Note: This is one of my most popular blog posts. People keep searching for it, and finding it. If you want to save some time, here’s the take-home message. This thing doesn’t work. Eat less or do some sit-ups. Whether for your stomach or your life, the message is: don’t look for a magic solution. Also: I threw it out AND the instruction manual around the time I wrote this post. Please don’t ask me to send you the instruction manual.
Tucked away in an inconspicuous shelf, I found a shiny grey plastic case with blue lettering on it: ‘Abtronic: The Future of Fitness’.
How did I come to own this miracle device? Or even bring it with me from various places that I’ve lived over the years. It might be fifteen years old!
A little history then. My father was not an active man. He tried, over the years, to exercise, but I have a photo of him as a baby where he has the chubbiest cheeks and is really a little heavy already. It seemed written into this genes.
He played badminton at one time, and after that, what I remember most is that he would buy a different exercise machine every few years, depending on what was popular. There was the exercise bike, then the mini-trampoline (which I loved) and then a rowing machine. In the last decade of his life, there was even Wii Fit. He would step on and off the Balance Board. Its its perky cartoon voice would even say how heavy he was.
What he liked to do most, really, was lie back in his Lazy-Boy chair (a series of one or two of them over the years; these lasted a long time), read the newspaper and watch TV. With particular ingenuity, late in life he managed to combine watching TV with occasional exercise. The exercise bike was the one machine that did not come and go. After many years when Mom got sick of the shouting dramatics of professional wrestling which Dad had watched since childhood (and had changed much over time), he would be banished to the basement to the second TV where he would watch it at the same time as he rode on the exercise bike.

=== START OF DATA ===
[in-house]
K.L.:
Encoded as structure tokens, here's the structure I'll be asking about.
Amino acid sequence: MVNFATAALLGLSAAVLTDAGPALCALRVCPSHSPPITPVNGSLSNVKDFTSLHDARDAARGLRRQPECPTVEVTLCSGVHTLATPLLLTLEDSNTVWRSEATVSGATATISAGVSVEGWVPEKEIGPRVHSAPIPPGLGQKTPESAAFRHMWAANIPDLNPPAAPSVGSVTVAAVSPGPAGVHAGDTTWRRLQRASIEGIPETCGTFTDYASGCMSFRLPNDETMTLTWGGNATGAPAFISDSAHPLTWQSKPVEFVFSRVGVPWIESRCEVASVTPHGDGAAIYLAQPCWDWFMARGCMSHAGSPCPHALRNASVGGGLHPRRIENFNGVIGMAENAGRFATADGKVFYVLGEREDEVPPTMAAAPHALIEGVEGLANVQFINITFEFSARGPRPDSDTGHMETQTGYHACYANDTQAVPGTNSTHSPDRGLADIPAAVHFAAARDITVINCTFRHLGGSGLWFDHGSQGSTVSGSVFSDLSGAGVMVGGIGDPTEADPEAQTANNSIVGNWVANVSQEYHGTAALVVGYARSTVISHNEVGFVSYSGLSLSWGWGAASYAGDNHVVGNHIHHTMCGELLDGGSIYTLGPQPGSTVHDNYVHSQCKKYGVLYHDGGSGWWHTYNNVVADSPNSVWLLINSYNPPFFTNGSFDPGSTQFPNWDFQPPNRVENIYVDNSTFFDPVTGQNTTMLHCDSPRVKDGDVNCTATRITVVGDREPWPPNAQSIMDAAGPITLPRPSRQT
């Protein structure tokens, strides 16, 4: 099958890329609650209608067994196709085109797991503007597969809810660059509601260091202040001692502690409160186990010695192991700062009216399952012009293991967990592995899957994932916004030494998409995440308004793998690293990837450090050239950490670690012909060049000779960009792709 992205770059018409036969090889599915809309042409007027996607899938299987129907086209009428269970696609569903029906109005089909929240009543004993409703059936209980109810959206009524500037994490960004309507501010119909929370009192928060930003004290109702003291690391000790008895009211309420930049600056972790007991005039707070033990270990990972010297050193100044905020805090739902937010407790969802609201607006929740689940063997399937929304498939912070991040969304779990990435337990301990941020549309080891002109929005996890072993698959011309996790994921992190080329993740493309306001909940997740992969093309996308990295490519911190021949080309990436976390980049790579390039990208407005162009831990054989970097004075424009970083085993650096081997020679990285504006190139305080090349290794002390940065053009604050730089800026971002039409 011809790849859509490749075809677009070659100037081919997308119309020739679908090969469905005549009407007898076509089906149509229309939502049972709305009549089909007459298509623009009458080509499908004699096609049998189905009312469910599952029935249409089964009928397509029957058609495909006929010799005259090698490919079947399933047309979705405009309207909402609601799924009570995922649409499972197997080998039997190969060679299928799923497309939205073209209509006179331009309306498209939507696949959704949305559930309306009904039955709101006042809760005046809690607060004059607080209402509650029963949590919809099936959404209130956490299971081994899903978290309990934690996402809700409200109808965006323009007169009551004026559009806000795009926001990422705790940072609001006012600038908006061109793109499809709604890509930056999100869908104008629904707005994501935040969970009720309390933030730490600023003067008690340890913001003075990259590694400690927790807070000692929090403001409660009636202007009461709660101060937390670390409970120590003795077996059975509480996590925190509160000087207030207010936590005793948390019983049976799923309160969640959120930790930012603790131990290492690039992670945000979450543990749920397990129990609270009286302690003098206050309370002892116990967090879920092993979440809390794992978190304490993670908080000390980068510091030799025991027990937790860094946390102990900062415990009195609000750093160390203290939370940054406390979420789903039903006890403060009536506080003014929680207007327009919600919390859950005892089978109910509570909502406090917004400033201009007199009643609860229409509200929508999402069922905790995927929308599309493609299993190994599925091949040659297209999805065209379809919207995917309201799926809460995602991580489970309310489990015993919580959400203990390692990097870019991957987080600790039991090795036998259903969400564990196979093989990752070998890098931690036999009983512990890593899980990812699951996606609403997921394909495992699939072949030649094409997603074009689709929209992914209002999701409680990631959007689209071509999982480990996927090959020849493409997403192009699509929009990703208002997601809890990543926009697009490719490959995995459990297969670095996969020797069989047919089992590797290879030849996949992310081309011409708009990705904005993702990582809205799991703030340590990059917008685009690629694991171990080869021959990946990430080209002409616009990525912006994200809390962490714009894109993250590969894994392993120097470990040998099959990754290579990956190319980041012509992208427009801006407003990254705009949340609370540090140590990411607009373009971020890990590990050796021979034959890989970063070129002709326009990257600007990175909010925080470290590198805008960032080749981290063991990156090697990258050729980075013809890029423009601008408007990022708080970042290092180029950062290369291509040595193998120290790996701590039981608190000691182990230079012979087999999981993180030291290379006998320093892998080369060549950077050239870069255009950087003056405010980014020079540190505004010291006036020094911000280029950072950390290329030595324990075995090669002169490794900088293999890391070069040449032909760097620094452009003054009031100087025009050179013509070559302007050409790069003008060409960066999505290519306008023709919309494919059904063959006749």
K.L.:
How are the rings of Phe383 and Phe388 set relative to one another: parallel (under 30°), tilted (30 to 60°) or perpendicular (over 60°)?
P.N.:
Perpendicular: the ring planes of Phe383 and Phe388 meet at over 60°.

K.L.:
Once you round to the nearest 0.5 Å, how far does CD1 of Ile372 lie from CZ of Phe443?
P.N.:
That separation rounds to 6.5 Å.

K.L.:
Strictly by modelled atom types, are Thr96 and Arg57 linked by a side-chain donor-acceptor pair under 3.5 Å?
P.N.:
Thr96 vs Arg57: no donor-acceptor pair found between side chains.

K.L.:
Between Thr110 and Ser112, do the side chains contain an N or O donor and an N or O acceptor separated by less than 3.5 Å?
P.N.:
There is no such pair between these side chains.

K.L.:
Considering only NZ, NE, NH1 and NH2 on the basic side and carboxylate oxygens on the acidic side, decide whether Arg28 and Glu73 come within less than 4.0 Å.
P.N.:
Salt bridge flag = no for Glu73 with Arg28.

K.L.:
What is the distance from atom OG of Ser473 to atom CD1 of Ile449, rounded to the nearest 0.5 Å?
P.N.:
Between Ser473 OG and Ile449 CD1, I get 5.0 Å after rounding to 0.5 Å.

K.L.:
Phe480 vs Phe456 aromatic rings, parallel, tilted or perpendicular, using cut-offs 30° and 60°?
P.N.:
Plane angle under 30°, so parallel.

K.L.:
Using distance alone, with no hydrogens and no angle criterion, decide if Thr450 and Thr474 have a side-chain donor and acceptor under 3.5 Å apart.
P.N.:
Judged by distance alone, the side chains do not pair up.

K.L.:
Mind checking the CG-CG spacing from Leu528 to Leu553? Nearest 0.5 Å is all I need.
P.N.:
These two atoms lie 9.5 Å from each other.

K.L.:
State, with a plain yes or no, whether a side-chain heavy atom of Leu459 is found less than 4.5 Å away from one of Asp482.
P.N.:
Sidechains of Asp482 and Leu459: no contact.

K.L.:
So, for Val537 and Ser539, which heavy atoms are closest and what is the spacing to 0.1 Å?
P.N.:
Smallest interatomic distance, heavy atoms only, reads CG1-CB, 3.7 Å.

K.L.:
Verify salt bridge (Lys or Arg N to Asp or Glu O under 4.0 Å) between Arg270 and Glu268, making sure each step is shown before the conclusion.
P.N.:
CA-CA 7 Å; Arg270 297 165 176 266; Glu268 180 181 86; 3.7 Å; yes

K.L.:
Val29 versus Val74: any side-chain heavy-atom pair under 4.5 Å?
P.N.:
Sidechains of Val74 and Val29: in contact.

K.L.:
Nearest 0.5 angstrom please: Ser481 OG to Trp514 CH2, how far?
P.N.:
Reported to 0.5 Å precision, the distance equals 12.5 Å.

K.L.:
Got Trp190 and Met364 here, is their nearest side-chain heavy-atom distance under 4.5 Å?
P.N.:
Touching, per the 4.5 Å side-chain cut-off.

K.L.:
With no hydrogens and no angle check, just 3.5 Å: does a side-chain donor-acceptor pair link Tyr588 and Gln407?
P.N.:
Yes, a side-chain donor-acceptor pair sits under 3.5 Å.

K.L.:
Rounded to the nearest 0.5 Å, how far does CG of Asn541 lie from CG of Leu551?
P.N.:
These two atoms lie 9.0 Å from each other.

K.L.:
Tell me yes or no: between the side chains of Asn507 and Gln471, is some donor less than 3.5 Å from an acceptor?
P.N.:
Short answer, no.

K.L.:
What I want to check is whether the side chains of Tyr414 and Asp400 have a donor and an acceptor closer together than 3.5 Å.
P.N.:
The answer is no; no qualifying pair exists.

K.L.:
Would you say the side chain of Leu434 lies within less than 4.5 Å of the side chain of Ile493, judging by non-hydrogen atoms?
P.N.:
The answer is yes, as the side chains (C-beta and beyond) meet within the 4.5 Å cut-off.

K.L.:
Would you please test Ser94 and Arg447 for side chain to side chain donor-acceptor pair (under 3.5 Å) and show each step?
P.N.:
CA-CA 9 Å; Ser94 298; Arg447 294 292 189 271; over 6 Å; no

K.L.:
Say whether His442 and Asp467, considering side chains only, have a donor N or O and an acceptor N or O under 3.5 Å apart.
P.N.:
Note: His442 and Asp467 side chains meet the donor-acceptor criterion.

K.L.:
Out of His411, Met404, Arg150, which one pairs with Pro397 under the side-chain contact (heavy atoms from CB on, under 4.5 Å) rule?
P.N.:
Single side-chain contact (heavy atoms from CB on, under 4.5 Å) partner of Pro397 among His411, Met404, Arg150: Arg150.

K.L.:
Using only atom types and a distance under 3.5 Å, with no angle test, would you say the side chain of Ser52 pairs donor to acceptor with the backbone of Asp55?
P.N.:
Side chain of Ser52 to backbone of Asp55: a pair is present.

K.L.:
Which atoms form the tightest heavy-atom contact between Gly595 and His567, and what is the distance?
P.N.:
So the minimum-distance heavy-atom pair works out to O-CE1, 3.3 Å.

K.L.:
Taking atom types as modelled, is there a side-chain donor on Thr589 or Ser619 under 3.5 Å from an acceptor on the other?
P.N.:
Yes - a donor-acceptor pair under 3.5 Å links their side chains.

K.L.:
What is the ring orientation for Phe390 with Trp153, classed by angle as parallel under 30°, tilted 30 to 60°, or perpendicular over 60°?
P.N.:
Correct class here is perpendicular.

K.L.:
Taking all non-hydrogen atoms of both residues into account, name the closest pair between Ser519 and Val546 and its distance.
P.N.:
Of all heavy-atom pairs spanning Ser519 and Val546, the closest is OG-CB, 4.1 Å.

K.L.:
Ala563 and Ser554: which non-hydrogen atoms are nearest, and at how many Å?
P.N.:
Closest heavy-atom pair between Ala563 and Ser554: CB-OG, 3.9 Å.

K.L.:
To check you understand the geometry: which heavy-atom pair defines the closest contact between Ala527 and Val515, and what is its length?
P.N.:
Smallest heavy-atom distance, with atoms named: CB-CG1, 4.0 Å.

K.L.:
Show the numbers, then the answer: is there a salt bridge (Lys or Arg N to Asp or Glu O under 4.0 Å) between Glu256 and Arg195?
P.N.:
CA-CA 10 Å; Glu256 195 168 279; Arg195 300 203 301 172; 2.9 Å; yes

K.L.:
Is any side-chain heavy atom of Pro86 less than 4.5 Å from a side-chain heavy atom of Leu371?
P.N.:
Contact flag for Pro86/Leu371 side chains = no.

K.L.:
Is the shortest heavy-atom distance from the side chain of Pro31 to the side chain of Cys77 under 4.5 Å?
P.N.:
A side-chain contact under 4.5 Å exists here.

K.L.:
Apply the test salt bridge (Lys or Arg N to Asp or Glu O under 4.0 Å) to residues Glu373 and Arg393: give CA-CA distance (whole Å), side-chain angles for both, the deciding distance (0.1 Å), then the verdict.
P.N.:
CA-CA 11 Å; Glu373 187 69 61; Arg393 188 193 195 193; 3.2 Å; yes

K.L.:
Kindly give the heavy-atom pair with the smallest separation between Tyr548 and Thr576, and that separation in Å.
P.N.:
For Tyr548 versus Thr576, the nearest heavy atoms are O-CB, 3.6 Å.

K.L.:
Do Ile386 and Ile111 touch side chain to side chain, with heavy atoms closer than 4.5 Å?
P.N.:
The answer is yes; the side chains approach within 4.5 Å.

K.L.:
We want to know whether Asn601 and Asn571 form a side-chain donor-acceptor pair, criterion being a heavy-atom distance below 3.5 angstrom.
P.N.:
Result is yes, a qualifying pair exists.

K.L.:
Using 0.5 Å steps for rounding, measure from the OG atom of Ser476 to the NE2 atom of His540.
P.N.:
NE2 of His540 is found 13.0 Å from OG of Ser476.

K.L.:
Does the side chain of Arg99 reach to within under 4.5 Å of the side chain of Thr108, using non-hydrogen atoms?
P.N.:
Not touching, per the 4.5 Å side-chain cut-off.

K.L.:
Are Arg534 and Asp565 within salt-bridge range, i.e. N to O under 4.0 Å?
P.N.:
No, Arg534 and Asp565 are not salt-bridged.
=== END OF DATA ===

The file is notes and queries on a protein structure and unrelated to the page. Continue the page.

I can’t quite figure out the exact date but what I remember was a fairly long Christmas holiday in Hawaii. Hawaii is where my mom was born and where my brother Tom and his family live, having moved into Grandma’s old beachside house after she’d died.
It was a long enough holiday that I kept seeing ads on TV for the Abtronic: a belt that would send electrical pulses to your stomach, making it contract as if you were doing an exercise. The pitch was that it was easy, compact and you could do it anytime, for example, while watching TV. It was not expensive, perhaps $50.
This, I thought, was perfect for Dad.
I asked him if he’d seen the ads and then tried to gauge his opinion, if he thought it would be a good idea, if he might use it.
On Christmas morning, I opened up a gift addressed to me from Dad. Inside was the Abtronic.
I had talked about it so much that he had thought I was hinting for him to buy one for me.
He opened up a gift from me: another Abtronic.
Did it work? No.
Did we try it? Yes.
It required that you’d smear a water-based gel on the back of it so that the electrical pulses would go from the little mechanism to your stomach. It felt uncomfortable and strange, these tiny shocks and contractions. I justified it to myself saying that it could supplement my doing other abdominal exercises, and exercising in general.
But really, it was ridiculous. Why would I as a young, fit person try some silly unproven technology rather than do a few sit-ups? I’d have to chalk it up to family loyalty: our love of gadgets, our search for a quick fix, and the hope that we could get exercise without actually doing it! Also, a bit of folkloric belief in magic, not so different from grandma’s prayer beads that were in a wooden bowl, not far from us at any time that Christmas.
So, goodbye Abtronic. In the garbage you go. If I’d tried to use it in the last decade it would most likely have given me a hernia, an electric shock or both. I salute your preposterous sales pitch, bow down to how you convinced us to buy not one, but two of you at the same time, and I allow us our trespasses, nonsensical and embarrassing family particularities that make us who we are.